Tommy SHAW: Girls with Guns LP PROMO. The Styx and Damn Yankees man! Check videos
Tommy SHAW: Girls with Guns LP PROMO. The Styx and Damn Yankees man! Check videos

Tommy SHAW: Girls with Guns LP PROMO 1984. The Styx and Damn Yankees man! Check videos

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Description

Tommy Shaw Girls With Guns
Label: A&M Records
Catalog#: AMA 5020
Format: Vinyl, LP, Album
Country:Uk
Released: 1984
Genre: Rock, Arena Rock, Classic Rock

A1 Girls With Guns 3:12
A2 Come In And Explain 4:20
A3 Lonely School 5:02
A4 Heads Up 4:44
A5 Kiss Me, Hello 7:46
B1 Fading Away 4:04
B2 Little Girl World 3:32
B3 Outside In The Rain 6:01
B4 Free To Love You 4:52
B5 The Race Is On 5:26

Bass Brian Stanley
Drums, Percussion Steve Holley
Lead Vocals, Guitar [Electric], Acoustic Guitar, Mandolin Tommy Shaw
Piano, Electric Piano, Synthesizer Peter Wood
Producer Mike Stone
Barcode: 0 7502-15020-1

Girls with Guns is the debut solo album from Styx guitarist/vocalist Tommy Shaw. It was released in October 1984 by A&M Records.
The title track was a top 10 hit at rock radio, peaking at #6 on the Billboard Mainstream Rock Tracks chart and reaching a high of #33 on the Hot 100. “Girls With Guns” was featured in a first season episode of Miami Vice called “Glades.”
A second single, the ballad “Lonely School”, was released in late 1984 and peaked at #60 on the Hot 100 in January 1985. The videos for both singles received premiere status and strong rotation at MTV, and the network aired a concert special featuring Shaw.
The Girls With Guns album charted on the Billboard 200 Albums chart for 25 weeks, peaking at #50.

ALBUM REVIEW: TOMMY SHAW – GIRLS WITH GUNS

About 10 years or so ago I saw Styx for the first time and walked away with a broad smile on my face.

Styx put on a great show, beyond expectations. I was familiar with a lot of their songs, realized they sang a few others I knew but did not know it was them and learned the great Tommy Shaw was their lead guitarist and sometimes singer.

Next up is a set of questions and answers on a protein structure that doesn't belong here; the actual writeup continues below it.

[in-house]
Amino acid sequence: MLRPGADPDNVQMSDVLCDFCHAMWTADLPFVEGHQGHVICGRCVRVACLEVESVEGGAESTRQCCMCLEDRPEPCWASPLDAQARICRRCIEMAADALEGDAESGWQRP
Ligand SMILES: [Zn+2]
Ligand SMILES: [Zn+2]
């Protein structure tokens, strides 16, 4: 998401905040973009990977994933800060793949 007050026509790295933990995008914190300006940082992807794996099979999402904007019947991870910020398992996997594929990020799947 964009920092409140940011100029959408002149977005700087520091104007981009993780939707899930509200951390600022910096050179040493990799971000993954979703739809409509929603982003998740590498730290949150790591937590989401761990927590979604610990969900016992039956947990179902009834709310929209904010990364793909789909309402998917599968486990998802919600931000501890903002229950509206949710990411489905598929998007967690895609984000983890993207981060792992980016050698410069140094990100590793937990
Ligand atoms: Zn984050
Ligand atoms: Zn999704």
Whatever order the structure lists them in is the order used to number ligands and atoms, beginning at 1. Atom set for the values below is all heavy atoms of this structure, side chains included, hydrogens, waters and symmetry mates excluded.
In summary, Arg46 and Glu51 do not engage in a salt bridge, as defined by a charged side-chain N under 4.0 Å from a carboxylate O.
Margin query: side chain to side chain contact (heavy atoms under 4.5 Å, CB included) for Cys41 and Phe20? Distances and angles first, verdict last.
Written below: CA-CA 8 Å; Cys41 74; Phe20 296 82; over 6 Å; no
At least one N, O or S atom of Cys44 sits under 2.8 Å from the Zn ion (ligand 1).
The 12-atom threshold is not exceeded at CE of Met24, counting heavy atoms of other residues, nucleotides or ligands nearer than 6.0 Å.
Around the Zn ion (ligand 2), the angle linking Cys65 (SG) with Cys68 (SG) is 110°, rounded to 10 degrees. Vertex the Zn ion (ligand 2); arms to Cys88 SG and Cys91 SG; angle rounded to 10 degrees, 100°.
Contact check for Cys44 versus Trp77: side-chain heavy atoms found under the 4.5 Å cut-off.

Tommy Shaw? He’s been around for a while. How else do I know him?

Girls with guns!

Sadly, one of those eureka moments I’ve crossed over the years once I began diving into bands outside my radar, heard on radio but never fully embraced their catalog until later in life.

Back in the day, I had this strange, and thankfully short-lived, habit of buying albums if I liked a song, but rarely, if ever, bothered to listen to the whole album. I’d listen to the hit song I liked, maybe tried the following song which was never as good as the song I bought the album for and simply moved on to something else.

Girls With Guns from Tommy Shaw was one of those albums.

Tommy Shaw released his 10-track 48 minute debut solo album in October 1984, the same year he left Styx after expressing dissatisfaction with the direction of the band into more pop and soft rock compared to a harder rock edge Shaw preferred. Eventually, Shaw returned to Styx in 1995 and today continues a pretty hardy tour schedule with the band.

Shaw wrote or co-wrote all the songs on Girls With Guns while playing guitar and providing vocals. He brought along a number of musicians to help including drummer Steve Holley who played in Paul’s McCartney’s band Wings and keyboardist Peter Wood who worked with Pink Floyd as a touring and session member. “Girls With Guns” reached #6 on the Billboard Mainstream Rock Tracks chart and hit a high of #33 on the Billboard Hot 100. “Lonely School” the second single topped out at #60 on the Hot 100.